This is of monumental importance. It means configurations of matter which once existed but have long since been destroyed are possible to reconstruct by examining the aftermath, and potentially to reconstruct in the present day. Relics, buildings, plants, animals and even people. Providing you accept that we are not immaterial spirits but fully material beings, that is.

There are many reasons we might expect our descendants to do this. Not the least of which is empathy for the dead, and for the ones we lost in an era before it was possible to reconstitute them. But what is the point of recovering someone from the grave if they will only grow old and die a second time?

Barring the possibility of biological immortality through advanced medicine, which may well be a reality by the time the technology discussed earlier exists, recreating someone in the flesh may not be the only option available…or even the best available option, by that time.

If someone is able to recover a perfect, high fidelity map of your atomic constitution using the methods so far described, they might just leave it as information; If the workings of the human brain are well enough understood in the future, that information could be used to emulate you. That is, to run a simulation down to the level of individual atoms, including the ongoing process of consciousness in your brain, as it processes thoughts and sensory information.

Unless there actually is some ineffable, supernatural element to human consciousness, this technique would result in your authentic resurrection in digital form. You would be every bit as aware and feel just as alive as you do now, but you would exist within a simulated environment with simulated sensory stimuli so that you would feel as if you’re breathing, so that you could see your surroundings, hear, touch, taste and so on.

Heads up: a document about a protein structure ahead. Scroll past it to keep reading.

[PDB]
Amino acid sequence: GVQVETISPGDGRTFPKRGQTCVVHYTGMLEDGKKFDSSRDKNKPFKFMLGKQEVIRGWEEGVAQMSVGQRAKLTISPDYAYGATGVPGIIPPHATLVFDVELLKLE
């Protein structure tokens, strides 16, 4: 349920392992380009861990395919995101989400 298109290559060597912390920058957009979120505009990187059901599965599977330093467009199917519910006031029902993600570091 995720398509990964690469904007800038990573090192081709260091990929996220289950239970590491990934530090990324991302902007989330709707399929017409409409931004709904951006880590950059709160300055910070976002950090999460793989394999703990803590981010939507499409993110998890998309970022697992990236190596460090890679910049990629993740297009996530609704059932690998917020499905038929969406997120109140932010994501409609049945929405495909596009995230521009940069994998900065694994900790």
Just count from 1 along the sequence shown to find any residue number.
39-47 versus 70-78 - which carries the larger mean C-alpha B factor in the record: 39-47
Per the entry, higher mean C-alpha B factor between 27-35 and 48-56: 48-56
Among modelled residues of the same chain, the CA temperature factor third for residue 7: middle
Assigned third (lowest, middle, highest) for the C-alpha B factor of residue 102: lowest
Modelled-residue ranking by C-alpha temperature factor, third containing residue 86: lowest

This might be the preferred method of recreation since our control over events within a simulated environment is greater and more complete than our control over reality. We would have more choices. For example, we could arrange it so that simulated persons do not age. We could give them any form they desire. They could inhabit a younger body, any ailments or physical disabilities which were untreatable in life could be easily corrected, etc.

However, this raises another interesting matter. Ancestral recreation out of empathy for the dead or historical curiosity aren’t the only possible motivations someone might have to simulate living beings. They might wish to do so for scientific purposes. It might simply come about as an incidental consequence of simulating whole universes, for example.

Simulationism is a hot topic right now. It is the reasoning that because physicists today construct crude simulations of galaxies and other astronomical objects of interest, we might expect that future technology along the same lines will permit much higher fidelity, more accurate simulations of our universe for the simple, self-explanatory purpose of wanting to understand it better.

However if our universe were simulated accurately enough, we should expect that life would occur in the simulation of our universe for the same reasons it did in the real universe we presently inhabit. This life would have never known any other existence and, should some offshoot of it become intelligent, it would not suspect that it was living in anything other than authentic reality.